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"However, after a change of heart he again approached club bosses to ask for a release, which has today been formalised," the Panthers said in a statement.

"The Panthers respect Tim's decision and wish him all the best for his future."

The 26-year-old has played 114 first-grade games for the Panthers since his debut in 2007, as well as two State of Origin appearances for NSW.

Rabbitohs coach Michael Maguire said Grant would add plenty of firepower to his forward pack, which will be without Burgess next season after he signed a three-year deal with UK rugby outfit Bath.

"Tim has represented his state and played over 100 first grade games, so he will bring experience to our pack as well as strong defence and plenty of size," Maguire said.

"He will add strength to our front row rotation, and we're looking forward to him joining our squad next pre-season."

Grant said he was excited about the move but admitted he still had some unfinished business at the foot of the mountains.

"I still have a job to do here at Penrith for the remainder of this season, and I'll be doing everything I can to help the Panthers have a successful year in 2014," he said.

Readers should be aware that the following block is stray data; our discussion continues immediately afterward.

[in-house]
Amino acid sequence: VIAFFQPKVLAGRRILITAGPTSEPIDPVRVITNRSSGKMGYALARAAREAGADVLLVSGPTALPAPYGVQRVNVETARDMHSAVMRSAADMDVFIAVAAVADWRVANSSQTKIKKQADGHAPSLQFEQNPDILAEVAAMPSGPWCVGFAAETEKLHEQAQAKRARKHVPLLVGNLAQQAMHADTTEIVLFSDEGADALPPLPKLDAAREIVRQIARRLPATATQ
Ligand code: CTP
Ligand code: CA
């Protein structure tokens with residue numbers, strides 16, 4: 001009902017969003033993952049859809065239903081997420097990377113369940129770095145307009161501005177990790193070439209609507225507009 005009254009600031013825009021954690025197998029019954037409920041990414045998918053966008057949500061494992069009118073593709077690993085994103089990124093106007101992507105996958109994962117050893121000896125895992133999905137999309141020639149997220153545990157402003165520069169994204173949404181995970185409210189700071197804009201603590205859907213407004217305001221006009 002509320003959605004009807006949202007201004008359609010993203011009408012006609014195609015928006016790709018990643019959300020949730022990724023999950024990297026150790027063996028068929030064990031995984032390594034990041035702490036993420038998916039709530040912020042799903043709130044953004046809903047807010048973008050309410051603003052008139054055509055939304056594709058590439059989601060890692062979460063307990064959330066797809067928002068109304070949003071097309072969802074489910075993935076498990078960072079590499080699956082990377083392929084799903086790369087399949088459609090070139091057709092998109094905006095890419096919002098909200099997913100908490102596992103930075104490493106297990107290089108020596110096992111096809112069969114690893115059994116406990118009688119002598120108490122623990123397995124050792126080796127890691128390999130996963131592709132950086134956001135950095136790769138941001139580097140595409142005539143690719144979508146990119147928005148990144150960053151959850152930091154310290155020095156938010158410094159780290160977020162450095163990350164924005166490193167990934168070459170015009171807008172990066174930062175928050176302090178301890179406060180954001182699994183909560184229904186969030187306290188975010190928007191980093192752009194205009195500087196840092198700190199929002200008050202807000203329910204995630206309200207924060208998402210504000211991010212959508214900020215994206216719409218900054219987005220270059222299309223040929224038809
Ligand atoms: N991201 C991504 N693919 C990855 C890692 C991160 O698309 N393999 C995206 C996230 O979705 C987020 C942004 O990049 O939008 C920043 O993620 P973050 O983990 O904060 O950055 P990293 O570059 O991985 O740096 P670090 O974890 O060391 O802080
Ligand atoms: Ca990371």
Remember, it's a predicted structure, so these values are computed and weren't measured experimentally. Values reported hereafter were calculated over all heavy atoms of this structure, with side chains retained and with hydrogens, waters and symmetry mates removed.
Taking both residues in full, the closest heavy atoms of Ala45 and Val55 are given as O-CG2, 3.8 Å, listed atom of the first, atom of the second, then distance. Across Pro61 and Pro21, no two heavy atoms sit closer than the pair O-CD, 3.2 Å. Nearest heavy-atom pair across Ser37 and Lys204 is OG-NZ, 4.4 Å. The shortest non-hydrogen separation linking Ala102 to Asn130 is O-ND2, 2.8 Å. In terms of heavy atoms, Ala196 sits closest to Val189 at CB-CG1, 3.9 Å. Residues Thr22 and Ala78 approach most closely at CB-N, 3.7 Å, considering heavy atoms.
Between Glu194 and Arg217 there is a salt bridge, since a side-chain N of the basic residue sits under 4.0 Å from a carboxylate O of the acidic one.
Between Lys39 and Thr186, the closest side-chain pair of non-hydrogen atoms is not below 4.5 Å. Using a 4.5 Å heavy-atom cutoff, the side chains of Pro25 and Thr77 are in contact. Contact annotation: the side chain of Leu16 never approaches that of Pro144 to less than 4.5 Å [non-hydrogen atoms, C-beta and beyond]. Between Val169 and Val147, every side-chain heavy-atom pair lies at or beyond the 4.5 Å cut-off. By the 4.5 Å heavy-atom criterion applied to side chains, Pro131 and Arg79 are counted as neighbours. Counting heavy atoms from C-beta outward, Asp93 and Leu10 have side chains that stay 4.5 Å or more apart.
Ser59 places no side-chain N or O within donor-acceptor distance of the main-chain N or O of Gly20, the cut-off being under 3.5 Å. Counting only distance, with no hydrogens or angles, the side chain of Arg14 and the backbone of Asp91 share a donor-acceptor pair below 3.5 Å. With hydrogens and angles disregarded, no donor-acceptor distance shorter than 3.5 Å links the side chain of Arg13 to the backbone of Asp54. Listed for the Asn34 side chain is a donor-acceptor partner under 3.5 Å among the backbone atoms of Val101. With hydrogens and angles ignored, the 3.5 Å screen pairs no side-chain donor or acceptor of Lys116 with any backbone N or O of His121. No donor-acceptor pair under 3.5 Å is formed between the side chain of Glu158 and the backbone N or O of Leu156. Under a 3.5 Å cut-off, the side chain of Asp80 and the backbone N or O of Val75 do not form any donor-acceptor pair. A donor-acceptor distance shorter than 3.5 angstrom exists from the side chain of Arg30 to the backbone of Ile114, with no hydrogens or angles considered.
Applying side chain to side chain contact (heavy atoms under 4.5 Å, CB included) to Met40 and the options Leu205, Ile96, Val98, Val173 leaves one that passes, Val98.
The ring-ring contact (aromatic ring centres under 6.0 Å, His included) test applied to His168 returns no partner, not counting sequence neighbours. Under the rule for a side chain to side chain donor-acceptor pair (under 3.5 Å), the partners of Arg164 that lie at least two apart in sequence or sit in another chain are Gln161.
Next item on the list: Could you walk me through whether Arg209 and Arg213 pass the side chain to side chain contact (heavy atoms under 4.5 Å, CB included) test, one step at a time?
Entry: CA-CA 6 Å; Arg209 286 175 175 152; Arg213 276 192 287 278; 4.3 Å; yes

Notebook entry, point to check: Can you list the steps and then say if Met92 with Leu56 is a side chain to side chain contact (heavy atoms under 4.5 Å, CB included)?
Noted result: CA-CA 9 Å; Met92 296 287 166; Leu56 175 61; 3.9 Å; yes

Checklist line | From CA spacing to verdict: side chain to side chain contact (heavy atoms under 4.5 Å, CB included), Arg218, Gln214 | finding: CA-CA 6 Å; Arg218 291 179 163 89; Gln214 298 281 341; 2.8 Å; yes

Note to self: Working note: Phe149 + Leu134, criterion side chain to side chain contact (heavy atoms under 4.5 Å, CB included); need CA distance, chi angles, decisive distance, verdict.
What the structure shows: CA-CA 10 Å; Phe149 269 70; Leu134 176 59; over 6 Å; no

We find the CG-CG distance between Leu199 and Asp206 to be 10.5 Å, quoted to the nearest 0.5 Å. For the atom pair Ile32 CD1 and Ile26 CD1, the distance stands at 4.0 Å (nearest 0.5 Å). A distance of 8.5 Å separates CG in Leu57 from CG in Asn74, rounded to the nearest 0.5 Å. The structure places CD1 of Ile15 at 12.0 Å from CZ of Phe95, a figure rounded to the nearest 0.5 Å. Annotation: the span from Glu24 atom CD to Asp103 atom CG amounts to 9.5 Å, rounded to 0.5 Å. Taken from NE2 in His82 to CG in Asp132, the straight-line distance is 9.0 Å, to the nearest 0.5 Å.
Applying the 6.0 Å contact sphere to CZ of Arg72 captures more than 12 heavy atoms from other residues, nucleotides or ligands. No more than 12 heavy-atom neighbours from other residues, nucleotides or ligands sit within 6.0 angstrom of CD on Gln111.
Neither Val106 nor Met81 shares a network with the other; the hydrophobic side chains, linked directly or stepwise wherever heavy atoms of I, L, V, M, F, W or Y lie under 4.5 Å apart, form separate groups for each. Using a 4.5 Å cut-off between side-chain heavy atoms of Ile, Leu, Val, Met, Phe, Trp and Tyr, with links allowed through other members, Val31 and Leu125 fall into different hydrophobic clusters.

© 2014 AAP
Brought to you by aap


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Roosters rally around Maloney

Sydney Roosters have rallied around out-of-sorts playmaker James Maloney as the NRL premiers seek to break an unprecedented three-match losing streak under coach Trent Robinson.

After six rounds the Roosters have slumped to 2-4 and sit 11th on the premiership ladder.

Maloney has borne the brunt for the tricolours' early-season woes with NSW coach Laurie Daley challenging him to lift his game.

But Roosters prop Sam Moa says Maloney isn't solely to blame for the Roosters' poor start to their title defence ahead of their match against Cronulla at Remondis Stadium on Saturday night.

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The Kiwi international says the Roosters' forwards need to improve their efforts too.

"We have lost our way in attack a bit, but when you are not making the yards that you normally do it is really hard for the halves to get on the end of it and put some pressure on with their kicks," Moa said at training on Friday.

"We are right behind Jimmy, we have to take some of that blame us forwards so he is not on his own that is for sure.

"Jimmy is a great character, he is awesome to have in the team, he knows we have got his back and vice versa.

"He is a proven player, all the big games we played last year and even this year he has certainly stepped up to the mark."

The Roosters have narrowly lost their last three games to Manly, Canterbury and Parramatta.